Recovery and Sustainability in East Asia
This paper analyzes the macroeconomic adjustment from the crisis in East Asia in a broad international prospective. The stylized pattern from the previous 160 currency crisis episodes over the period from 1970 to 1995 shows a V-type adjustment of real GDP growth in the years prior to and following a crisis. The adjustment shows a much sharper V-type in the crisis episodes with the IMF program, compared to those without. Cross-country regressions show that depreciation of real exchange rate, expansionary macroeconomic policies and favorable global environments are critical for the speedy post-crisis recovery. In this sense, the East Asian process of adjustment is not much different from the stylized pattern from the previous currency crisis episodes. However, the degree of initial contraction and following recovery has been far greater in East Asia than what the cross-country evidence predicts. This paper argues that the sharper adjustment pattern in East Asia is attributed to the severe liquidity crisis that was triggered by investor's panic and then amplified by the weak corporate and bank balance sheet. We find no evidence for a direct impact of a currency crisis on long-run growth.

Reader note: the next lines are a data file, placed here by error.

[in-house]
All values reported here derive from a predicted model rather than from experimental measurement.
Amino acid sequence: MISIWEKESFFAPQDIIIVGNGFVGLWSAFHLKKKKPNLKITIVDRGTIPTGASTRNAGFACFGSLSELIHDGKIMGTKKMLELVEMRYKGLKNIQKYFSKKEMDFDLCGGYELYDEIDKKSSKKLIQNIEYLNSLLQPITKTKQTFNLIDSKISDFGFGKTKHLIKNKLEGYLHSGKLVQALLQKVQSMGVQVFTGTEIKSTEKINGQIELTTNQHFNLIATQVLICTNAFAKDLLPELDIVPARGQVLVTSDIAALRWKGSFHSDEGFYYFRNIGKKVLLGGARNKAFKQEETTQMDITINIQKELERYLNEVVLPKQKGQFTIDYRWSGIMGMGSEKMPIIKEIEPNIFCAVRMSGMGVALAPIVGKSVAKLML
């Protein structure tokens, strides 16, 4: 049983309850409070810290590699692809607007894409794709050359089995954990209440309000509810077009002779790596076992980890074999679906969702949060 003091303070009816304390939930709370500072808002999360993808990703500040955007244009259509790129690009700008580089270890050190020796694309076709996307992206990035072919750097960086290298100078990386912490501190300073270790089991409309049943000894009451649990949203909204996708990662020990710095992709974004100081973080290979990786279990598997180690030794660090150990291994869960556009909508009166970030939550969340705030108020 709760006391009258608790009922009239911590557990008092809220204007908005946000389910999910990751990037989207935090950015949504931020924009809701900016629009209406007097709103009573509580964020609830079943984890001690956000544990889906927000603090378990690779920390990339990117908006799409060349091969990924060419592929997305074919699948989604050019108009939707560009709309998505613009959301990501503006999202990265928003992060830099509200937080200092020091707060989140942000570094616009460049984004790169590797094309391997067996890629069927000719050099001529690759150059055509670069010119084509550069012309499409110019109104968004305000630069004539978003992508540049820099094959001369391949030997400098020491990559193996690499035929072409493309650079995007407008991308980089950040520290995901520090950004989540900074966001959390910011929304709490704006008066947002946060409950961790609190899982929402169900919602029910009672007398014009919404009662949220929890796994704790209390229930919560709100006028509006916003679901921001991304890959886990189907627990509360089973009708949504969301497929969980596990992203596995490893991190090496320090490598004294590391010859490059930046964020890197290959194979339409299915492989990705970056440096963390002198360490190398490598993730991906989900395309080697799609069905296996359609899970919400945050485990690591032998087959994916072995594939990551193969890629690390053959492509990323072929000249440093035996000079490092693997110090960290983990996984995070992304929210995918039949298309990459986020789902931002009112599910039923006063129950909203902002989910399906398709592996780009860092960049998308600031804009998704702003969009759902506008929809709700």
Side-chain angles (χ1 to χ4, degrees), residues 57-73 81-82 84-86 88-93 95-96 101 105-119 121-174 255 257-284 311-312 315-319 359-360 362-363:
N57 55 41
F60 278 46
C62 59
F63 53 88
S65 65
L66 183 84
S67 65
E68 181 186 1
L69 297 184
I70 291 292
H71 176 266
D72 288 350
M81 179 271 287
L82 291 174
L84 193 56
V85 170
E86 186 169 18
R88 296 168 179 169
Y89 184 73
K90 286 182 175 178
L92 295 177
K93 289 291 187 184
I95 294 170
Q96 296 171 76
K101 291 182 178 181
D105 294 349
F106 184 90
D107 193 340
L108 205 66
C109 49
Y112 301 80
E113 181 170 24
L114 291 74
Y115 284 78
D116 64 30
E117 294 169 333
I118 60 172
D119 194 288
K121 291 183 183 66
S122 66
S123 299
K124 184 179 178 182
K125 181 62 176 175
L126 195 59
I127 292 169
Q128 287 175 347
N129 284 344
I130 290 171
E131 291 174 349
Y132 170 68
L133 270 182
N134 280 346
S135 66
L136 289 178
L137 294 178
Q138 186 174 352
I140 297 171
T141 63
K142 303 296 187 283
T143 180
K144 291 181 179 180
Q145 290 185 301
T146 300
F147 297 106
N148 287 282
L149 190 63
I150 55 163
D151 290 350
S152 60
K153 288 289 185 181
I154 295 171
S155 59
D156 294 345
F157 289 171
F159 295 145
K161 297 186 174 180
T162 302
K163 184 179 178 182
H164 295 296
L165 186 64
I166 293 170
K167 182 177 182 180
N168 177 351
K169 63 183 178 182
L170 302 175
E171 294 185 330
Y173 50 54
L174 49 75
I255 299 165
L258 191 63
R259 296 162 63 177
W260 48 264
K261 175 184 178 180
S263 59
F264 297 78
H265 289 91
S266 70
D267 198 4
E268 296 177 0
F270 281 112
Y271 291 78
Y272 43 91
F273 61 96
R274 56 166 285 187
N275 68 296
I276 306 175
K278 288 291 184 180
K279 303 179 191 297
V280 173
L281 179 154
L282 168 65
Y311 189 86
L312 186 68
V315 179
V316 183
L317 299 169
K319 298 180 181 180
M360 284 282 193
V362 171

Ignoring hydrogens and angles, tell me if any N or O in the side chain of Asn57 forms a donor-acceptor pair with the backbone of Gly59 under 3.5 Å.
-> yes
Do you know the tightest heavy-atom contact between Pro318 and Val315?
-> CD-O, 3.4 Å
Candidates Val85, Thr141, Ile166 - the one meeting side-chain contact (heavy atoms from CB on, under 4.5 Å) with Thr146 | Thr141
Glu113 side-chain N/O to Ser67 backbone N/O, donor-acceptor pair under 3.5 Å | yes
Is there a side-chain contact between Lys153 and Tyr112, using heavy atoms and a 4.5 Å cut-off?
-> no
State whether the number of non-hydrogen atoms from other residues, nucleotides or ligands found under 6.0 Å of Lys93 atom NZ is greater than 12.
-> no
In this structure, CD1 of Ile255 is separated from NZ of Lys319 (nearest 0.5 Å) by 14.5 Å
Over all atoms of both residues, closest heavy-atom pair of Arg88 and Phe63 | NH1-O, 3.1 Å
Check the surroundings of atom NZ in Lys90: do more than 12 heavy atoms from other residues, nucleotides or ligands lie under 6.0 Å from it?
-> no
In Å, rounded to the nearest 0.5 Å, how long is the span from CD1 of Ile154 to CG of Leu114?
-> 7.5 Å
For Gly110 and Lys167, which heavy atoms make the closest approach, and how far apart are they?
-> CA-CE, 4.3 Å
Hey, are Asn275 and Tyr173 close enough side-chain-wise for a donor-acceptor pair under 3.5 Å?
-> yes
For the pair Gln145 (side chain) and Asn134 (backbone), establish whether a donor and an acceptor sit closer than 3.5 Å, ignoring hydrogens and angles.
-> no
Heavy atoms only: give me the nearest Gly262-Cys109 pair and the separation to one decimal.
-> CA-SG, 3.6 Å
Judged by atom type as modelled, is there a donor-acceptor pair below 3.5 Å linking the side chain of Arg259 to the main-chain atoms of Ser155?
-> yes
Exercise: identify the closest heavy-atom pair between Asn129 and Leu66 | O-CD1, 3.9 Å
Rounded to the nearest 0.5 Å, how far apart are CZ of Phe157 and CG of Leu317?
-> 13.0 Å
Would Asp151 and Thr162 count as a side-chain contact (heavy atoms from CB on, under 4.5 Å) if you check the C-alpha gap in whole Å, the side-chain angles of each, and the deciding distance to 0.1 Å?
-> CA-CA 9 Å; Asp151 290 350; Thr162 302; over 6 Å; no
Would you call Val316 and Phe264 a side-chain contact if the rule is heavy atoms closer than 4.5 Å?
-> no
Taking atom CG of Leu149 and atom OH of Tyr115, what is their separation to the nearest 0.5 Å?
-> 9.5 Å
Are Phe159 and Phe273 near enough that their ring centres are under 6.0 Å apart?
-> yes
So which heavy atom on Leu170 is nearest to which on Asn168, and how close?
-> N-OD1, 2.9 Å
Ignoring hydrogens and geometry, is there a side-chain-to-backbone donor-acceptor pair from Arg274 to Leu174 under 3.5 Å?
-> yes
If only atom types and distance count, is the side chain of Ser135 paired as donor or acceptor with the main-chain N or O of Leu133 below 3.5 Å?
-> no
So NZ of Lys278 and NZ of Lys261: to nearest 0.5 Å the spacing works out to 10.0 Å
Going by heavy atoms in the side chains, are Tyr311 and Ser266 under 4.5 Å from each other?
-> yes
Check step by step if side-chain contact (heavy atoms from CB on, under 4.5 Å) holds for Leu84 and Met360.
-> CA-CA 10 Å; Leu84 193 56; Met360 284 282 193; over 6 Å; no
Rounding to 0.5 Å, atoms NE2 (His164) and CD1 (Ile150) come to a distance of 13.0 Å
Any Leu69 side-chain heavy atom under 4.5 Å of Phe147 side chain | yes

- In the long-term East Asian countries will go from a pre-crisis average annual growth rate of 7 percent to around 5 percent. In the...